As an extension for advanced biology students, use a DNA model and have students locate the sugar-phosphate backbone, the individual nucleotide bases, and the nucleotide base pairs. Ask students to brainstorm different break points that could occur in DNA that would need repair. Tell students that a number of DNA repair genes are involved in the following: base excision and replacement, mismatch repair, and rejoining broken strands. Have students use the model to show the three types of repair. What might happen to the cell if a DNA repair mechanism didn't exist? (Cells and organs could die. Cells might make too little or too much of a protein. If the damage were to affect a gene that controls cell division, the cell could continue to divide, resulting in a tumor or in cancer.)

  3. Research plant chemicals that have health benefits. Scientists researching longevity found that resveratrol, in high doses, caused yeast, roundworms (C. elegans), and mice to live longer than their expected life span. Resveratrol is made by plants to protect them from fungal growth. It is found in different amounts in grapes (mainly in the skin), raspberries, peanuts, cranberries, and other plants. Many plant chemicals have a beneficial effect on health. Divide the class into groups and have each group research resveratrol or one of the following groups of plant chemicals—the flavonoid anthocyanin (found in blueberries, blackberries, cherries, and some vegetables such as red cabbage); or the flavonoid quercitin (found in yellow onions). Have students report on the function their chemical plays in the plant, and the potential health benefits of the chemical for people. Note: Explain that information about health benefits should be obtained from encyclopedias or scientific research sites, because health claims can be false or unsubstantiated.

Plant Chemical

Found In

Plant Function

Potential Benefit for Humans

resveratrol

grapes (mainly on the skin), raspberries, peanuts, cranberries, and other plants

protects plant from fungal infections

possibly anti-inflammatory and antiviral effects

anthocyanin

blueberries, blackberries, cherries, and some vegetables such as red cabbage

gives blueberries their color; provides color to flower and fruit

acts as antioxidant and may also help prevent some types of memory loss and disease

quercitin

yellow onions

provides color to plant; gives visual cues to pollinators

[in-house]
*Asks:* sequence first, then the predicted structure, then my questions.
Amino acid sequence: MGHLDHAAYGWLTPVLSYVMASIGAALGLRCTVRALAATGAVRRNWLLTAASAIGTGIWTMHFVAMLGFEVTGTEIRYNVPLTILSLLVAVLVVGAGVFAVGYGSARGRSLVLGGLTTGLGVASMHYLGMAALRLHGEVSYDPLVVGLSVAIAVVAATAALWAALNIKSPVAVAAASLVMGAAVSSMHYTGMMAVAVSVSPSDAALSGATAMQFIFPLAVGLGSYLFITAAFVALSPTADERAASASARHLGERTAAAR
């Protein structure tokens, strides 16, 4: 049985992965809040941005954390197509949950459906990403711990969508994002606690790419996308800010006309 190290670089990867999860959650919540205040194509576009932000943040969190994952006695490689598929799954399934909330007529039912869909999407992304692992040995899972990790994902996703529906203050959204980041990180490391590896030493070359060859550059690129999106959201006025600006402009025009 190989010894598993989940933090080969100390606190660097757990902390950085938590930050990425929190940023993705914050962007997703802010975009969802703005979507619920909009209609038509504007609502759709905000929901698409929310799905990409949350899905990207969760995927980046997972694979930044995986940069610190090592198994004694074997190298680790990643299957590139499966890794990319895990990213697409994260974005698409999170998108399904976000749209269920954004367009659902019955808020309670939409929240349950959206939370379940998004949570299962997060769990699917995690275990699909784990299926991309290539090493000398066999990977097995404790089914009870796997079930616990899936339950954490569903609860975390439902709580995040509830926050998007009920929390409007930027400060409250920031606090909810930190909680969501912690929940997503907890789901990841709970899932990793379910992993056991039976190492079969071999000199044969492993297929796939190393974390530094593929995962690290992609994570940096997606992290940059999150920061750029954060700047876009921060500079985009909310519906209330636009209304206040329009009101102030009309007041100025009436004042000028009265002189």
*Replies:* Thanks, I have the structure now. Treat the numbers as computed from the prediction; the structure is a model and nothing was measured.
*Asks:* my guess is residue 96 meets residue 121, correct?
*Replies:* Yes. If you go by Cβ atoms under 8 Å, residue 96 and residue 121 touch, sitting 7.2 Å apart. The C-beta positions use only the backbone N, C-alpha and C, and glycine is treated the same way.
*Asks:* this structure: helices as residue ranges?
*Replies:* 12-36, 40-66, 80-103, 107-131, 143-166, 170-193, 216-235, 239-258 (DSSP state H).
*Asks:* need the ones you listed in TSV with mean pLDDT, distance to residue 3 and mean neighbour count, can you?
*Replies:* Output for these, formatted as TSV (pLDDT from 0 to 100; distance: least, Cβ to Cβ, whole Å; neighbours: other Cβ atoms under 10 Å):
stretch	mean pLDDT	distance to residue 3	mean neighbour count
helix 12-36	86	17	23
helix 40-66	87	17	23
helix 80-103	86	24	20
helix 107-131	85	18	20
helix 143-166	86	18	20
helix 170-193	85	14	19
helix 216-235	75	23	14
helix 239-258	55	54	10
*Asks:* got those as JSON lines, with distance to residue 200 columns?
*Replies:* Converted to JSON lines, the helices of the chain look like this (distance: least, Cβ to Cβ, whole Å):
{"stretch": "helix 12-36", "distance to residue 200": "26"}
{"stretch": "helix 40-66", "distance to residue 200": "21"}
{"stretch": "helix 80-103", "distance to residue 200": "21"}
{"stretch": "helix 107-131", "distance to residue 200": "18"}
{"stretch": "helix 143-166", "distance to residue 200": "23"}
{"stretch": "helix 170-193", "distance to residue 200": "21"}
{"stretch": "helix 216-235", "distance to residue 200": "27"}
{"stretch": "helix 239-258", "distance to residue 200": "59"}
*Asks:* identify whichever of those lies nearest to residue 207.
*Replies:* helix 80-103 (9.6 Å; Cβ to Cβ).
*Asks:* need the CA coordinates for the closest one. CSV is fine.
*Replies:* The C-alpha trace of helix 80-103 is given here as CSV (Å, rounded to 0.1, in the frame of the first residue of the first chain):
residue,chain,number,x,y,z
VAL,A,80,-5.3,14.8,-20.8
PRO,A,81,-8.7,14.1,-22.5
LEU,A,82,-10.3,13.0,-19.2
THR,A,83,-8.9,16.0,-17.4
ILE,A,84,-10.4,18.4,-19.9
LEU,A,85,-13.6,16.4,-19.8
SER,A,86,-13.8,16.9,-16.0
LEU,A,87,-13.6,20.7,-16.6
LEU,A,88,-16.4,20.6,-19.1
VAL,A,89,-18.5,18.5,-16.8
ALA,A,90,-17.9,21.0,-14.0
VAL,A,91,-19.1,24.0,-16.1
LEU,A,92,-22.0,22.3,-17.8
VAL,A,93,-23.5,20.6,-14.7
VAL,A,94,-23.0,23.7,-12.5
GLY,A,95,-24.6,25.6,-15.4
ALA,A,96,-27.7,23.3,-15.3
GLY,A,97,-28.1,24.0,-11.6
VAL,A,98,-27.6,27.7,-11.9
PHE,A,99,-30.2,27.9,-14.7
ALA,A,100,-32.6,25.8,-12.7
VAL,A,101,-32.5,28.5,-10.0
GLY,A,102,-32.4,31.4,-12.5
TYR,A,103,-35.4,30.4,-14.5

may help protect against some types of heart disease

As an extension, ask students to keep a record of the fruits and vegetables they eat for two days. Have them research and group any foods that contain the plant chemicals in the chart.


Links and Books

Links

HHMI Online Companion
www.hhmi.org/resources/science_now/aging.html
The Howard Hughes Medical Institute offers an extensive collection of aging research resources in its online companion to this episode of NOVA scienceNOW.
More on HHMI and its partnership with NOVA


Healthy Aging for Older Adults
www.cdc.gov/aging
The Centers for Disease Control and Prevention provides this extensive Web site on aging for older adults. Find information on healthy living, view medical statistics, and browse other online resources.


National Institute on Aging
www.nia.nih.gov/ResearchInformation/
This Web site from the National Institutes of Health offers information on current research into the biology of aging, behavioral and social aspects of old age, and more.


The Aging Research Center
www.arclab.org/
On this Web site, learn about upcoming conferences on geriatrics research, read up on federally and privately supported clinical research, and find a list of online aging resources.


Infoaging
www.infoaging.org
This Web site from the American Federation for Aging Research has information on the biology of aging, age-related diseases, and links to current research.


Genes and Longevity
www.dnafiles.org/resources/res12.html
This companion Web site to the National Public Radio series "The DNA Files" provides a number of links and other online resources related to longevity and aging.


Books

Epigenetics
by C. David Allis. Cold Spring Harbor Laboratory Press, 2006.

Ageless Quest: One Scientist's Search for Genes That Prolong Youth
by Lenny Guarente. Cold Spring Harbor Laboratory Press, 2002.

Aging at the Molecular Level: Biology of Aging and its Modulation
edited by T. von Zglinicki. Springer Books, 2003.

Articles

"A Conversation With Nir Barzilai; It's Not the Yogurt: Looking for Longevity Genes"
by Claudia Dreifus. The New York Times, February 24, 2004.

"The Quest For a Way Around Aging"
by Nicholas Wade. The New York Times, November 8, 2006.

Teacher's Guide
NOVA scienceNOW: Aging